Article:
What is it like travelling as a vegan? As a raw vegan? What’s the vegan situation like in Ljubljana?
Travelling as a vegan is just as easy as travelling as a non-vegan. If you like to eat out, for the best vegan dining experience I recommend researching vegan-friendly restaurants in advance using Yelp or HappyCow. Lazy vegans might choose the more adventurous route by simply walking into any restaurant and sorting a meal. It might just be a baked potato and some veggie sides, or fried chips, but you’ll find something edible. Check out My tips for eating out as a vegan for more useful info. Vegans really can eat anywhere!
I’ve travelled all over the US and am just now starting to make a dent in my international travel bucket list, and I’ve never had an issue finding vegan options in restaurants, cafés, airports, or hotels. Yes, even basic continental breakfasts have vegan food. Think bagels, peanut butter, jelly, and fruit.
It’s true that some cities are “better” for vegans than others, but this means better for vegans who like to eat out. Glasgow is considered a vegan paradise because it has several all-vegan restaurants and scores of other vegan-friendly or almost-vegan places.
But veganism isn’t just about eating out at all-vegan restaurants. Veganism, from a diet point of view, means avoiding the consumption of any animal products. This basic premise of a vegan diet is easy to satisfy. You could travel anywhere on Earth and find vegan staples like rice, beans, potatoes and some type of fruit and veg. Obviously, you won’t find these in a place like Antarctica and I doubt you’ll be visiting anytime soon, but if you do, you’d bring food with you anyway.
I’m always baffled when anyone living in a civilised part of the world complains that they can’t find anything vegan to eat (besides chips, of course). Any place you visit has grocery stores and food shops, packed full of vegan food! The entire produce section is vegan, and staples like pasta, rice, beans, frozen and tinned veggies, and (unfortunately) many processed foods are vegan.
I understand that new vegans aren’t up to speed on all the processed garbage that happens to be vegan (or accidentally vegan, as they say), but that shouldn’t matter. If you’re struggling to find vegan food, you’re either not looking or your definition of food is so far removed from what real food actually is. Real food like fruits and veggies is 100% vegan 100% of the time.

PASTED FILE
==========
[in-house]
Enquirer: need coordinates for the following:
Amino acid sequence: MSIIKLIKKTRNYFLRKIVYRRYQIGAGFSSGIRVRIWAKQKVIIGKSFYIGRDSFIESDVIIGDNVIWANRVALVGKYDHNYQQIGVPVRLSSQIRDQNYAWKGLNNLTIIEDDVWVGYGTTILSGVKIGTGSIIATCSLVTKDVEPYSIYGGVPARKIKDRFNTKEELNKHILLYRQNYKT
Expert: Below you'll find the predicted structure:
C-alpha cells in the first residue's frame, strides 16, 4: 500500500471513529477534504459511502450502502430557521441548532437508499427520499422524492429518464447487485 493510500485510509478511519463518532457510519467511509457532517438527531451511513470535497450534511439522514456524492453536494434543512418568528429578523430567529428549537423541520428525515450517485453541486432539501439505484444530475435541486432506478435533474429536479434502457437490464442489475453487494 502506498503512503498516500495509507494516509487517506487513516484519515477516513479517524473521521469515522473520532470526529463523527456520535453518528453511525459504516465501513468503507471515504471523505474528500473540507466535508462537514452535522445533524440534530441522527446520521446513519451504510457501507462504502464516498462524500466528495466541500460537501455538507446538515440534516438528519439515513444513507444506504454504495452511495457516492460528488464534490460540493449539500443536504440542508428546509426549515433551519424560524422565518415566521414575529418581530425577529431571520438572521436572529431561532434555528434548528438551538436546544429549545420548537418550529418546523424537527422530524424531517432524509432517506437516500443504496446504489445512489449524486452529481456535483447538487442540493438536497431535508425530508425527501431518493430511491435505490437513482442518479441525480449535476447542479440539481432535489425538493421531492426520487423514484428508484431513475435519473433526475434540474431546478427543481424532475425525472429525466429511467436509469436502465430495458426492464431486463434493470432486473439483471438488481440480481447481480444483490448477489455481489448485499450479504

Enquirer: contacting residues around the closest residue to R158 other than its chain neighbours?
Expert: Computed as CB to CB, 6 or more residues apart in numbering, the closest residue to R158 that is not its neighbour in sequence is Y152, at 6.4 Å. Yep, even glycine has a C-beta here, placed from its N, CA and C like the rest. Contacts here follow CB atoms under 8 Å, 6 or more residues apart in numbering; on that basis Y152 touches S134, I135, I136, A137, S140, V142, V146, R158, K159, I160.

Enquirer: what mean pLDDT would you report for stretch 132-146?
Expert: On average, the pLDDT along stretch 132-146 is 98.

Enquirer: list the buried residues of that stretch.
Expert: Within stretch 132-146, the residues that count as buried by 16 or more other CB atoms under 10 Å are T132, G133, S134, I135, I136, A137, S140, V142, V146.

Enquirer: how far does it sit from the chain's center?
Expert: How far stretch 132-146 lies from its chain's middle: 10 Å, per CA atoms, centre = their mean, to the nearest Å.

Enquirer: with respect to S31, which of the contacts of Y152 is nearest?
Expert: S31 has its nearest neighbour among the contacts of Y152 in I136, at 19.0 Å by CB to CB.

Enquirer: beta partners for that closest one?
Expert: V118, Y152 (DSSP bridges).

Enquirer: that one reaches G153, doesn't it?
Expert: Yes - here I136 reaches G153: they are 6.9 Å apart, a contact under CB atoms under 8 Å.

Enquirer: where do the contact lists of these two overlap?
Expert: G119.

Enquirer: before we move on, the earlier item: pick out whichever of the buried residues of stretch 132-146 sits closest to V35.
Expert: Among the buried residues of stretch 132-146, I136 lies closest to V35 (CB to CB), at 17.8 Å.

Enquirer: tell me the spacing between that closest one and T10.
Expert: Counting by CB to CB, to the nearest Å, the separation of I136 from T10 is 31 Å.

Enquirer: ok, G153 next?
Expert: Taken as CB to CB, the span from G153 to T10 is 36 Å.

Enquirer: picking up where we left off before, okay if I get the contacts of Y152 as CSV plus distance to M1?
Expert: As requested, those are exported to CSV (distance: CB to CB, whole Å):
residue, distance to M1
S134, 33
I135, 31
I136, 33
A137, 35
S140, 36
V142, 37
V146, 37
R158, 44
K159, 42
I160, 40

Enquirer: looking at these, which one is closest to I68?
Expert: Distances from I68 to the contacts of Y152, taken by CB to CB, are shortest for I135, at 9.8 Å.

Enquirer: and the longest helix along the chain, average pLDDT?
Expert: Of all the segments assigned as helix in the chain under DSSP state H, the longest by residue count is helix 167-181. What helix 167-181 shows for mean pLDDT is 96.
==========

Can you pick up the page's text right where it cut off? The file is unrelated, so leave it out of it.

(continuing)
So when people ask me what it’s like to travel as a vegan, I tell them it’s easy because that’s the truth. Now we vegans might not be able to ‘indulge’ in the meal provided by the airline whilst on a flight, but we’ll be fine if we plan ahead. (Some airlines do offer vegan food. Request it when you purchase your ticket and verify it a few days before your flight, just in case!)
Eating as a vegan requires extra planning and I never see it as a big deal. So what if I can’t stuff my face with whatever fast food is available at the airport? So what if I need to read labels to ensure the veggie wrap is free from egg or milk before I buy it at the gas station? So what if I need to research menu options before going out to eat?
Is extra planning so bad? Shouldn’t we all want to eat with intention, so we know we are eating the best food possible?
In my opinion, travelling as a raw vegan is even easier than traveling as a vegan who likes to eat out. Eating out is rare so my planning is simple. It involves asking locals where I can find the tastiest produce in town, searching Google Maps for food shops, visiting various food shops once I arrive to see what produce they offer and compare prices, and researching what produce is in season.
Raw vegan food is everywhere! All food shops have some sort of fruit or veggies for me to munch on. Some fruit is more difficult to eat on the go, however. Peaches need days to ripen so I can’t just pop into a shop and have peaches for lunch, so I keep my eye out for grapes, watermelon wedges, berries, or whatever fruit is in season. Alternatively, I can keep peaches at the flat to ripen and bring them with me. This just requires planning in advance.
The vegan situation in Ljubljana is just like the vegan situation in any of the other places I’ve visited. It’s perfectly fine!